A staunch voice for Tea Party supporters, West dishes out criticism and is a magnet for the same from Democrats. He has frequently equated Democrats with socialists and communists. In one instance, he was quoted as referring to anyone with an Obama bumper sticker on their car as “a threat to the gene pool.” More recently, he has jumped into the Chick-fil-A controversy, travelling up to Chicago in a public stunt to “open up a Chick-fil-A franchise.” Voting with the Republican party 92 percent of the time, West has opposed nearly every bill supported by the Democrats, rejecting the Affordable Health plan, opting to tighten immigration laws, and proposing looser gun control regulations and lower taxes.
In the 2011 election, West raised and spent more than $6.5 million and was supported by more than $592,000 in outside spending from conservative groups including American Crossroads and the Faith and Freedom Coalition. In comparison, his opponent, Ron Klein, raised $3.8 million and benefited from $550,000 in outside spending.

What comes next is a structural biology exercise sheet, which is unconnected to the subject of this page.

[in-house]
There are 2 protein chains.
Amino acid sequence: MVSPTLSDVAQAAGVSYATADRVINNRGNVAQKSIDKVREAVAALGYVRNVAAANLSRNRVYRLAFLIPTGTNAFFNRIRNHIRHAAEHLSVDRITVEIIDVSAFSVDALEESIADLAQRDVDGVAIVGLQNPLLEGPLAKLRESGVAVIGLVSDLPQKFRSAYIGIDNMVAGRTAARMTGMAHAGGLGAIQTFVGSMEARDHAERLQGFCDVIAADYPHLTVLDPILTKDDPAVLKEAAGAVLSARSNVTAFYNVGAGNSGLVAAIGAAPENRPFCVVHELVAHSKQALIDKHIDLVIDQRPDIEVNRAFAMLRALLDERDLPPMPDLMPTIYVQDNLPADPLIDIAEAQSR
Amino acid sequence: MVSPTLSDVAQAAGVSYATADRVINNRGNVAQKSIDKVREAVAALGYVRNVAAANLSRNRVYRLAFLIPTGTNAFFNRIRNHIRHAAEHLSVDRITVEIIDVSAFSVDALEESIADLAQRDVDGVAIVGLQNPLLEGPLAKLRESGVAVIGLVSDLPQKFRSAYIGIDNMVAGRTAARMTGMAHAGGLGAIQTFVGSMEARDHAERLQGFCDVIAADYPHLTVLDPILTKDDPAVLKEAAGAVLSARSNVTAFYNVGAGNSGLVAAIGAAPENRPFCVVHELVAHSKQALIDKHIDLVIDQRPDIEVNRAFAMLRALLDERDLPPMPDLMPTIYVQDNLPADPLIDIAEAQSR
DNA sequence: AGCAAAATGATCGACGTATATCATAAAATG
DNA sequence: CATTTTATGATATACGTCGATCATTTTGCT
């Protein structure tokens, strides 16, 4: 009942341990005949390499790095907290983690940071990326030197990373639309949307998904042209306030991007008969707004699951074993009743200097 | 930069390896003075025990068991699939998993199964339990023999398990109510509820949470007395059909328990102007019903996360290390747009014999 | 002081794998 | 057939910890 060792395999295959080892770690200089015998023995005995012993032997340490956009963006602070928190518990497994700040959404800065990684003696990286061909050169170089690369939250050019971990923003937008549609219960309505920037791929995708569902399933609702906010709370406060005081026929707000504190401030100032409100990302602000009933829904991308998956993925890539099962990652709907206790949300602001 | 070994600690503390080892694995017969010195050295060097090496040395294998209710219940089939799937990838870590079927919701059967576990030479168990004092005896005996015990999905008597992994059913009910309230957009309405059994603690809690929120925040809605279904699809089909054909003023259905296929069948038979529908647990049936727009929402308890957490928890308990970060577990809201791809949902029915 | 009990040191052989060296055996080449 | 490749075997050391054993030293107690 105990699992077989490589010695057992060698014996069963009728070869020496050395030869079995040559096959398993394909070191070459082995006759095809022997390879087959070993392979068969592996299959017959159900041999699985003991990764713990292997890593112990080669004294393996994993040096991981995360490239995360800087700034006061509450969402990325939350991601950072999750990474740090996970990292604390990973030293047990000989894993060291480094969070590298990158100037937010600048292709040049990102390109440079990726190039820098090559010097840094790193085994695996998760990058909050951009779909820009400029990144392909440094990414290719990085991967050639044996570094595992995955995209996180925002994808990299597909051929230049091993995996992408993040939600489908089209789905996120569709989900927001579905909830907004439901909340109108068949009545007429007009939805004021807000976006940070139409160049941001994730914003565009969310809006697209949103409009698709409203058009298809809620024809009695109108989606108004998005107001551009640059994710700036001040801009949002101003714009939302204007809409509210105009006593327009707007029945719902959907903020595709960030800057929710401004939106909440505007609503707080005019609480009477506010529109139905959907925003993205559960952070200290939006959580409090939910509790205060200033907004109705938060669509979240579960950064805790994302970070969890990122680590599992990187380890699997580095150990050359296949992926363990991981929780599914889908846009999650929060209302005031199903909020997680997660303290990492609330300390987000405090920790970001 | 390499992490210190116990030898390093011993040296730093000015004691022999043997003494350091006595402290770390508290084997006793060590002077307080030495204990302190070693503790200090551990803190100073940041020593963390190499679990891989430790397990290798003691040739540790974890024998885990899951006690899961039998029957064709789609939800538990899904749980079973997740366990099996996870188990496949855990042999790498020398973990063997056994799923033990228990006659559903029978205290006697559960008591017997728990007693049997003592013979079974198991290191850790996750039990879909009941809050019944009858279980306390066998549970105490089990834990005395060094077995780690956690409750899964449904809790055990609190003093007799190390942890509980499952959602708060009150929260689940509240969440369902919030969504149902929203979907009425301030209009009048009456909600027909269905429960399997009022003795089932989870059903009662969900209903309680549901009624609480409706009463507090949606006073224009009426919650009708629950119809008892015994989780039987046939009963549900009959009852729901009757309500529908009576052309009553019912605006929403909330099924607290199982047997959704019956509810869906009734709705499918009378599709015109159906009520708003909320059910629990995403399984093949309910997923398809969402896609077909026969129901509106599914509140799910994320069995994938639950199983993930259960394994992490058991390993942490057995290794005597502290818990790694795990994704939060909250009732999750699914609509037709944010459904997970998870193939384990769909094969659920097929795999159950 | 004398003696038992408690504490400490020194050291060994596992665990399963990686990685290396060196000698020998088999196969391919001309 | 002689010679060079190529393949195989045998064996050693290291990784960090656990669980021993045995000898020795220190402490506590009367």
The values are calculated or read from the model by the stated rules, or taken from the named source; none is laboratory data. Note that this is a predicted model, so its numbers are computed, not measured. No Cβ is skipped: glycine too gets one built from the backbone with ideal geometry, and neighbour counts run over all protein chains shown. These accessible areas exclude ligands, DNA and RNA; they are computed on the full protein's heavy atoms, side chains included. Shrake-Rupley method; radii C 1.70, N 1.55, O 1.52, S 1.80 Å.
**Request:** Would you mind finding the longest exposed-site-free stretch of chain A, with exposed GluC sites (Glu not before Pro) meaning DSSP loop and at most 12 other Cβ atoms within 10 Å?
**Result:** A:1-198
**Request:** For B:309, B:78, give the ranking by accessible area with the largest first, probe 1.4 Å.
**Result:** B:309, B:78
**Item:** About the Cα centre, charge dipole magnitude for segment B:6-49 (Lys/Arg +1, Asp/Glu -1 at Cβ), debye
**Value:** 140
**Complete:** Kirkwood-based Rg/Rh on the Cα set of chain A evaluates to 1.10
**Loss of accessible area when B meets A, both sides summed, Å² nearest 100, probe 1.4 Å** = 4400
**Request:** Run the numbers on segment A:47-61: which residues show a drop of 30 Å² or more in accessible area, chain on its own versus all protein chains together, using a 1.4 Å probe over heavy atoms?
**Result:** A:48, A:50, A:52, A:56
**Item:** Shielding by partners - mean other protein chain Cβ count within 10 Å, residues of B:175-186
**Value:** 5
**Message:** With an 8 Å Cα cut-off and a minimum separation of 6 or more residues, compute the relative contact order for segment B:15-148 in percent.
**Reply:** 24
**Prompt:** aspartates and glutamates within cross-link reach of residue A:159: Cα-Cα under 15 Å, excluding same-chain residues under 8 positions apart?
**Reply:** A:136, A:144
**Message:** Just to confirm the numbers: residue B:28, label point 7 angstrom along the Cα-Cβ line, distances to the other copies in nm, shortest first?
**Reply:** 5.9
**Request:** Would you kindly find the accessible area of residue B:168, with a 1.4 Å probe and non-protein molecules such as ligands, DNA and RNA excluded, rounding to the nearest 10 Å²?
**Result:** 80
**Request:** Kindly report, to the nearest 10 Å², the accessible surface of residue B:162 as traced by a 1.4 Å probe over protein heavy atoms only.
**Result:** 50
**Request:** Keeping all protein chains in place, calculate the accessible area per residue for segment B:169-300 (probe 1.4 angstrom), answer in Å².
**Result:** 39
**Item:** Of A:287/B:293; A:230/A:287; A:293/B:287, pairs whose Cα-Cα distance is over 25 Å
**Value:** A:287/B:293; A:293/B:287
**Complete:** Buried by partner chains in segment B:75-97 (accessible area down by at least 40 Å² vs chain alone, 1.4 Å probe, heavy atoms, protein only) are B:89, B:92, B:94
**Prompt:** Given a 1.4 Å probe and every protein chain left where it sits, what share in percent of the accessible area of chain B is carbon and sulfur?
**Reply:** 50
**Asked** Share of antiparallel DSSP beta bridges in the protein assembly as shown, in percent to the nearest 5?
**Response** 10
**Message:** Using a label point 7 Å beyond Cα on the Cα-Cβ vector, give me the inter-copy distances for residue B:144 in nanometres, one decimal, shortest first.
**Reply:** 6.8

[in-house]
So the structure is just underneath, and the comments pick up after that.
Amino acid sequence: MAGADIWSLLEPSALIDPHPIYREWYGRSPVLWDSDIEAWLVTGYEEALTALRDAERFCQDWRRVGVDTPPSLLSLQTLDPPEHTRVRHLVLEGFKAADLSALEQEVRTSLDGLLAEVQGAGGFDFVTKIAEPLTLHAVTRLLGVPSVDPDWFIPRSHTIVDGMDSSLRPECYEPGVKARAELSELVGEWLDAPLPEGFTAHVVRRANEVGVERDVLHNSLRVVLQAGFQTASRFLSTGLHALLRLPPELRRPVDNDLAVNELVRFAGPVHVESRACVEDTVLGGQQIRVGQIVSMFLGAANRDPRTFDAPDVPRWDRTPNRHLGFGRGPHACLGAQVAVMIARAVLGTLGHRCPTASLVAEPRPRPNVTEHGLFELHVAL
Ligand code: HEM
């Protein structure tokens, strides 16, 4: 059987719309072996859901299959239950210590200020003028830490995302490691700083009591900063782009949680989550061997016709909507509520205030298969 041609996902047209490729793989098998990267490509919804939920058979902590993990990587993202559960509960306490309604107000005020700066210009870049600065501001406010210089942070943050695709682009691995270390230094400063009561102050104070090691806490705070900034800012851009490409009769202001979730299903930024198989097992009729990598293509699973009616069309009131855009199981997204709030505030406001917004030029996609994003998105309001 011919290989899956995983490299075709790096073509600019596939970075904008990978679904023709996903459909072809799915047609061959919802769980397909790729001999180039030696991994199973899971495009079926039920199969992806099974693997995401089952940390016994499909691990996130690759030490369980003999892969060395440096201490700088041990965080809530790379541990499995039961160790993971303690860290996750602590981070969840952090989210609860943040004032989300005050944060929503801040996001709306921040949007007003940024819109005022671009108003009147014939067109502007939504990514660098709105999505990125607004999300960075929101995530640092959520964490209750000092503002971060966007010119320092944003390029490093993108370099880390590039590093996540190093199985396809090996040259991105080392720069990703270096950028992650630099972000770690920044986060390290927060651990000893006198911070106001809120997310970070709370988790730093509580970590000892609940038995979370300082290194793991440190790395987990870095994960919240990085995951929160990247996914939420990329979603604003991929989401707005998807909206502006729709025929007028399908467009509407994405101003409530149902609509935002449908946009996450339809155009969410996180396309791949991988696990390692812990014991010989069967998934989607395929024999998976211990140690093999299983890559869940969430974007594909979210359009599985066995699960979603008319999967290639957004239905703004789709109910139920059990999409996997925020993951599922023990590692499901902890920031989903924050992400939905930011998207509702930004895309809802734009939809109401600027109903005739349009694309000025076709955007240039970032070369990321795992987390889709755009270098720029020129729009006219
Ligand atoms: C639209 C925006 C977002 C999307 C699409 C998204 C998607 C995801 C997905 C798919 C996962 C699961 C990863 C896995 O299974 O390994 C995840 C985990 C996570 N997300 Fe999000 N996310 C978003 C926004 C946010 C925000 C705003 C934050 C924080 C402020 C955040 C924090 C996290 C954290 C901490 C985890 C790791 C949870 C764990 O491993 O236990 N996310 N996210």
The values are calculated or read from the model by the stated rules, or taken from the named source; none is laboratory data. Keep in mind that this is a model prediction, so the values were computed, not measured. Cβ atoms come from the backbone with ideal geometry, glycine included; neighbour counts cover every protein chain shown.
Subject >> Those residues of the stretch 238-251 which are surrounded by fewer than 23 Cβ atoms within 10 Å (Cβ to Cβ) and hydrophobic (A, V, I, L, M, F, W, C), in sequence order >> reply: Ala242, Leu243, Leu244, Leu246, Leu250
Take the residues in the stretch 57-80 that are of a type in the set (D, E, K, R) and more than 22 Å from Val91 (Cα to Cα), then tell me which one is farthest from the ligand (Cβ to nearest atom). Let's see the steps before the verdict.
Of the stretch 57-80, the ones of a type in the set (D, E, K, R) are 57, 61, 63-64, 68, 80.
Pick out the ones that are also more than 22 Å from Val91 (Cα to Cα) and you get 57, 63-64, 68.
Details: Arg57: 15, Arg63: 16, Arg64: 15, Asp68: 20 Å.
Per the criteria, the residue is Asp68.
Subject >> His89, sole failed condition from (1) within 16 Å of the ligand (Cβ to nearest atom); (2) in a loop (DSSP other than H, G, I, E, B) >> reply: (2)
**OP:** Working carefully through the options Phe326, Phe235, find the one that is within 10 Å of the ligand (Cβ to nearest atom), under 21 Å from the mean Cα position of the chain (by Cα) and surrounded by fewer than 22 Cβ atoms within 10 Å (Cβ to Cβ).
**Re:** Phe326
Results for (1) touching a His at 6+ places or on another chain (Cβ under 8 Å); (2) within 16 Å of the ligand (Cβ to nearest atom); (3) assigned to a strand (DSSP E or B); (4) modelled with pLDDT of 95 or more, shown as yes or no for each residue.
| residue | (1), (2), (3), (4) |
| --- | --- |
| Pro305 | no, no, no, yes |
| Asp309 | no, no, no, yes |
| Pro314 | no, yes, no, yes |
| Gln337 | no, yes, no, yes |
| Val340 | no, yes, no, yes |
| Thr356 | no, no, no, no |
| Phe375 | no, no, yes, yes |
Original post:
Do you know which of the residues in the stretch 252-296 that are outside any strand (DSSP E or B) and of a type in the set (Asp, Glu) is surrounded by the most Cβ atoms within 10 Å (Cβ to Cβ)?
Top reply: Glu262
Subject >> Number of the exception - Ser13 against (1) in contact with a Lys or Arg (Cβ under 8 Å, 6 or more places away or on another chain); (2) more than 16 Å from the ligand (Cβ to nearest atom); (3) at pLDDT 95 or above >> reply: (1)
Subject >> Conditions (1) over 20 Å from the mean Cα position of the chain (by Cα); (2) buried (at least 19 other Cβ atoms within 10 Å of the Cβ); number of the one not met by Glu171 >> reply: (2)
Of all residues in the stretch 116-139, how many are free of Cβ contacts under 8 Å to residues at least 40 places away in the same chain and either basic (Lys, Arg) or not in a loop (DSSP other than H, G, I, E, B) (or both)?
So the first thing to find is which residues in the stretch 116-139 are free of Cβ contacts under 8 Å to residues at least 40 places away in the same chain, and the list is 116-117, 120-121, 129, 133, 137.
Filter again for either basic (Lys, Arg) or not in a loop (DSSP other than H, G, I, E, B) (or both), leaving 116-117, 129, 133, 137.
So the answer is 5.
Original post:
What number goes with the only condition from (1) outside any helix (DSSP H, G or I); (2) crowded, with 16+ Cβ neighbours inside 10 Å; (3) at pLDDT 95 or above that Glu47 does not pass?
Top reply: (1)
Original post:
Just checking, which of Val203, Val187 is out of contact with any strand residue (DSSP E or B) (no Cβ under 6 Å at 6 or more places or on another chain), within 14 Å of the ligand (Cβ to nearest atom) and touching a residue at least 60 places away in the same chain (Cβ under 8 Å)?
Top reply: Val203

West's incendiary rhetoric and arch-conservative politics have made him iconic and have translated into massive amounts of financial support. He has raised almost $16.5 million for this year's campaign — an unparalleled amount for members of the freshmen class and more than 16 times the amount gathered by veteran politicans like Rep. William Keating, D-Mass., and Rep. Deniel Webster, R-Fla.
West's top donor is Bank of America with $27,000, followed by $25,000 from Citizens United, the group that brought the case Citizens United v. Federal Election Commission (FEC), resulting in a Supreme Court decision that opened the door to unlimited campaign spending by business and labor organizations. The results are evident in West's reelection bid: As the 2012 election approaches, the Tea Party.net Leadership Fund and the Patriot Super PAC have spent thousands in support of West, while liberal PACs such as the House Majority PAC, the Democratic Congressional Campaign Committee, and Credo Super PAC have used their resources to oppose him, according to the Follow the Unlmited Money tracker.
Earlier this year, West made headlines with his announcement that he would be moving to another district for the upcoming election. After the redrawing of the state’s voting districts increased the number of Democrats in the 22nd district and threatened West’s reelection, he packed up and moved to Palm Beach, a part of the 18th congressional district, where his voting constituency is likely to be more politically empathetic.
"Saying Allen West is running away from a fight, it's going to be so easy for him, that's not the case. But Allen West is not a stupid fool either," he said in response to political criticism.